Pembrolizumab-associated inflammatory myopathy

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Oxford University Press
Copyright
© The Author 2017. Published by Oxford University Press on behalf of the British Society for Rheumatology. All rights reserved. For Permissions, please email: journals.permissions@oup.com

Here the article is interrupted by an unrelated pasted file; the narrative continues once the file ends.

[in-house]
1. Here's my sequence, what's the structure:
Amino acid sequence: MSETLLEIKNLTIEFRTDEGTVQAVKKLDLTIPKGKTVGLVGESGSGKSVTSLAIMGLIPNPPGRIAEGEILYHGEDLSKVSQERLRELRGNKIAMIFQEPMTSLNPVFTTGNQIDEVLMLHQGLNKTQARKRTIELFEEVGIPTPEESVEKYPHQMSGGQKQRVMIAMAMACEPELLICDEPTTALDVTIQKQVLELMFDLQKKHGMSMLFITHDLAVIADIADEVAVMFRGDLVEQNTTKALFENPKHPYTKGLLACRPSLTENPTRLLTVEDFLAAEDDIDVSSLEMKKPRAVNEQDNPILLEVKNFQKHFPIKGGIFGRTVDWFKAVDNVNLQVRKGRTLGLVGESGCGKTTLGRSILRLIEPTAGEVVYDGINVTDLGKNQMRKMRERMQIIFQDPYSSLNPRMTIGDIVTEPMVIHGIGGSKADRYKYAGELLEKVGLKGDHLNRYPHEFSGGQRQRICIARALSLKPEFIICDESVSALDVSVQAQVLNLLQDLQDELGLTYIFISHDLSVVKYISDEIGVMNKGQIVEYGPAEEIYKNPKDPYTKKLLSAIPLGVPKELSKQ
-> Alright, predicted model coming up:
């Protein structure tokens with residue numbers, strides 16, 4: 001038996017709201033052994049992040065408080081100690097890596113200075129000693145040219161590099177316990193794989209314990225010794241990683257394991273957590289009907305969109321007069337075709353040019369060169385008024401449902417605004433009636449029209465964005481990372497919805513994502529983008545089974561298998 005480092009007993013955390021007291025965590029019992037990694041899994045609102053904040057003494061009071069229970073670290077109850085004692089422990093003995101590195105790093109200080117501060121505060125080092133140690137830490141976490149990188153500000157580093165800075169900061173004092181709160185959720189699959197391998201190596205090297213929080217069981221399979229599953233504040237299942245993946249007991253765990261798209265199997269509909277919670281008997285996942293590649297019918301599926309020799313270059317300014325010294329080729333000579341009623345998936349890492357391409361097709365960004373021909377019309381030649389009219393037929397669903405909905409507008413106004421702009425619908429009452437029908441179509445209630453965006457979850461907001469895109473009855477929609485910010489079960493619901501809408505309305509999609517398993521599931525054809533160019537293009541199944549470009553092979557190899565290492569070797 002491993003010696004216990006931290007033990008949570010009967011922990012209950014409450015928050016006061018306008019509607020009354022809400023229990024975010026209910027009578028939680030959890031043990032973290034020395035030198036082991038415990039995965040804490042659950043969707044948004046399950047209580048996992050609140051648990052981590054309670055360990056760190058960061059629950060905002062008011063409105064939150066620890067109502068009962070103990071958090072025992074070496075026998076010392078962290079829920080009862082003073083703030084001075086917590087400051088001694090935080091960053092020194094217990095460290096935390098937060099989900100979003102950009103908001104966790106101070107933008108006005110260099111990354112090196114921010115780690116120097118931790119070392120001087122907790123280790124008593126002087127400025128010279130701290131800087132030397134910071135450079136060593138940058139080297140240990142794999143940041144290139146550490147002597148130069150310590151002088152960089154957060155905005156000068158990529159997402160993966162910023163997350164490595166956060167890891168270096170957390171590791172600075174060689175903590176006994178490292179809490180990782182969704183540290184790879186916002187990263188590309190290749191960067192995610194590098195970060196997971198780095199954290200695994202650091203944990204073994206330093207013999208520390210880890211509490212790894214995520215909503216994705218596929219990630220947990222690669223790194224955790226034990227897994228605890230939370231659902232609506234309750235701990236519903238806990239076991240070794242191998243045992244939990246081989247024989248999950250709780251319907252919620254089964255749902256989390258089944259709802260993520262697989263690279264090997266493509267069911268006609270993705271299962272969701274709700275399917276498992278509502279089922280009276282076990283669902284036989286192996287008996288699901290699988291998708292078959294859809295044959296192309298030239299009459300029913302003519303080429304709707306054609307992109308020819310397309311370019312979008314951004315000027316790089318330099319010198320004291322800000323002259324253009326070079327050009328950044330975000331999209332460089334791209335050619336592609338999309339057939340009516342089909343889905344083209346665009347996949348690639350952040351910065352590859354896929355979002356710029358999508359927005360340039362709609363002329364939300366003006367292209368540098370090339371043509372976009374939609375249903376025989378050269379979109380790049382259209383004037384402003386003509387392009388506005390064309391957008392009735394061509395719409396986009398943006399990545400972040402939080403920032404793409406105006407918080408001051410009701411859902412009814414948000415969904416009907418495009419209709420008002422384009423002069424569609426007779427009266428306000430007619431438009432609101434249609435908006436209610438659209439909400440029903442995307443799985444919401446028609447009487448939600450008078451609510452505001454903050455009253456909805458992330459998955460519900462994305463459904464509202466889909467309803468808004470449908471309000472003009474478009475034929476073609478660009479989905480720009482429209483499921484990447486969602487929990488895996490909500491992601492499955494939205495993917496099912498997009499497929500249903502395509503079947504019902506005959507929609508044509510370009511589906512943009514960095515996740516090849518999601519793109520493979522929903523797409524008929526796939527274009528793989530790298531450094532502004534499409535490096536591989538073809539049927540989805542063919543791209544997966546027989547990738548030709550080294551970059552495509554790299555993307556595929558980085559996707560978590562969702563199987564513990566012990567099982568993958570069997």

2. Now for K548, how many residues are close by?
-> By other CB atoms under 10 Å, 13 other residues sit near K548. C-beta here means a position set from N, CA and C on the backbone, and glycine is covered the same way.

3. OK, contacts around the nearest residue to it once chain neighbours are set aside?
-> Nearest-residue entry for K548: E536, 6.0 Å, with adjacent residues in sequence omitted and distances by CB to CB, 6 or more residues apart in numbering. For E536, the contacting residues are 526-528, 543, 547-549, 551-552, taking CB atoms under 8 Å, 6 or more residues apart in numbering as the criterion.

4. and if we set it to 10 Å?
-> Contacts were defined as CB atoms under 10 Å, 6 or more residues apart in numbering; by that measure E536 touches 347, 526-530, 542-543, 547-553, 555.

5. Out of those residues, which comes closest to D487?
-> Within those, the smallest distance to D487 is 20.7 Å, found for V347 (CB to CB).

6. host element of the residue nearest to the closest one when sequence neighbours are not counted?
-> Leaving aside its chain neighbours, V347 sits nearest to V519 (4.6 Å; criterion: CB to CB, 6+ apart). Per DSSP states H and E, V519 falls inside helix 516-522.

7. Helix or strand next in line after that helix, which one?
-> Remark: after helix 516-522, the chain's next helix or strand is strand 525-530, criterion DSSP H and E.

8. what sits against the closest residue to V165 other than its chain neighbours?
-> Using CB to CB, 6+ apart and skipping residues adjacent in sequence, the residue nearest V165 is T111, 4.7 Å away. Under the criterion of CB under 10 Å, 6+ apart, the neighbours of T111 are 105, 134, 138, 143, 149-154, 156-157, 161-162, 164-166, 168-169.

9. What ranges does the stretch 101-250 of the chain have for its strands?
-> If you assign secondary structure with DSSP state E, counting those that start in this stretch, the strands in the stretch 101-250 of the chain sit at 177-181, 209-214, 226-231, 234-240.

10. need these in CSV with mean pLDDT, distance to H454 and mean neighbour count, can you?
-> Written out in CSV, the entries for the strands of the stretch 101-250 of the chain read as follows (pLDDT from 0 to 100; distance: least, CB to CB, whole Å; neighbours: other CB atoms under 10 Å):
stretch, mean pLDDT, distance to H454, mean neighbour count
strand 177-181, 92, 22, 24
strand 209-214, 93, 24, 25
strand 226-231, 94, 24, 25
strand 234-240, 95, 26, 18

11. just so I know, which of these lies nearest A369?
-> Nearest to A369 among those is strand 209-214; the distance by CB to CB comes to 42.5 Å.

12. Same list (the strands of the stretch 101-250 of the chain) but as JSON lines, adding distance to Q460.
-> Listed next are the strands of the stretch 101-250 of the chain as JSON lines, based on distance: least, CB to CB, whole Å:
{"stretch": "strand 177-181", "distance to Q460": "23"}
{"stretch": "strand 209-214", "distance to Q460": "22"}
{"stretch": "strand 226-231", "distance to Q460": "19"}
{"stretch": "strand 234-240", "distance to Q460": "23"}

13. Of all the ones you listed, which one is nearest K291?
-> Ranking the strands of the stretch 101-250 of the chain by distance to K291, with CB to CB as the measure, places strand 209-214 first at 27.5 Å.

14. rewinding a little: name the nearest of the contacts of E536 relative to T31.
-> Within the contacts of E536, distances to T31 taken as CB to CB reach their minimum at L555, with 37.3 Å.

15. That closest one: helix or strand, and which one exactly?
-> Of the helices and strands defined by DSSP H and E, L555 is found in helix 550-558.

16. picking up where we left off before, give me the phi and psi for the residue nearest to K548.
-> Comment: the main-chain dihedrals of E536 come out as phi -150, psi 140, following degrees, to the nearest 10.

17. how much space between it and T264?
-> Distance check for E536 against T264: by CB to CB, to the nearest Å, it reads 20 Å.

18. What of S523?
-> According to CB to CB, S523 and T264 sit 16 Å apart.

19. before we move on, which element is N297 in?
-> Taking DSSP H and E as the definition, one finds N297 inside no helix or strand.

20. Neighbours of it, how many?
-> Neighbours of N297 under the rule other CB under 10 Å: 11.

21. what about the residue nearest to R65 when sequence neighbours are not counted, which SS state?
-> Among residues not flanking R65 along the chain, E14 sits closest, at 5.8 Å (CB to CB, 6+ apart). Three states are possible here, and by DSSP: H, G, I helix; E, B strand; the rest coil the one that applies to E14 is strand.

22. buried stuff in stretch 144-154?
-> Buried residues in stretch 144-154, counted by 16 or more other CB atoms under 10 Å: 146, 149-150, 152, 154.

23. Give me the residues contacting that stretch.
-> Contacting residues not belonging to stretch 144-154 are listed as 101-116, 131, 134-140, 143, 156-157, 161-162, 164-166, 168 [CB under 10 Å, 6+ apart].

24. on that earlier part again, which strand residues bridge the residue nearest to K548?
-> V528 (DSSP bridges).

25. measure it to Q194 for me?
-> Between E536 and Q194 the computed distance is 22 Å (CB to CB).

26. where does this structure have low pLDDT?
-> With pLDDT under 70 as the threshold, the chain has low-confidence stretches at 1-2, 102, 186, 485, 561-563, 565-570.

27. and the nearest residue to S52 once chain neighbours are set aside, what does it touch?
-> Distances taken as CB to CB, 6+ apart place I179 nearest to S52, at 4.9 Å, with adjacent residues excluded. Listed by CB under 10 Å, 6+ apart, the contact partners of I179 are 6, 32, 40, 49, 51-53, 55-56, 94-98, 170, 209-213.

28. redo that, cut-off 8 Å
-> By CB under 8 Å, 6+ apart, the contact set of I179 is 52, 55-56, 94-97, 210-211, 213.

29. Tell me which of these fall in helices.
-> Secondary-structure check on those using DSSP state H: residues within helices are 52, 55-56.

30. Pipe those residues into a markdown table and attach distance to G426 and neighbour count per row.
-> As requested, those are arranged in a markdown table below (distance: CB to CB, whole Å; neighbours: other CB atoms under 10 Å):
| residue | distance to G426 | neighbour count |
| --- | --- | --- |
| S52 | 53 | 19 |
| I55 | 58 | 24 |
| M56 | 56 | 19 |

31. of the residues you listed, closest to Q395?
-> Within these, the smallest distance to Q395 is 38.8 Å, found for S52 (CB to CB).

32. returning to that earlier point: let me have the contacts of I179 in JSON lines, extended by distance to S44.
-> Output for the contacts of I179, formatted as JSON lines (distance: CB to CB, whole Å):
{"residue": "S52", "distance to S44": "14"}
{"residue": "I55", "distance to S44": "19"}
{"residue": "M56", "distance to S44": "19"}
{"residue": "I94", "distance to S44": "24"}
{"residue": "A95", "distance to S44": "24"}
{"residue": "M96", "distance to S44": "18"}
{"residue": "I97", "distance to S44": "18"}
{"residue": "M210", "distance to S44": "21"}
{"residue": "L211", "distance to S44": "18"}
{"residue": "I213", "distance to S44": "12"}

ISSN
1462-0324
eISSN
1462-0332
D.O.I.
10.1093/rheumatology/kex346
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Abstract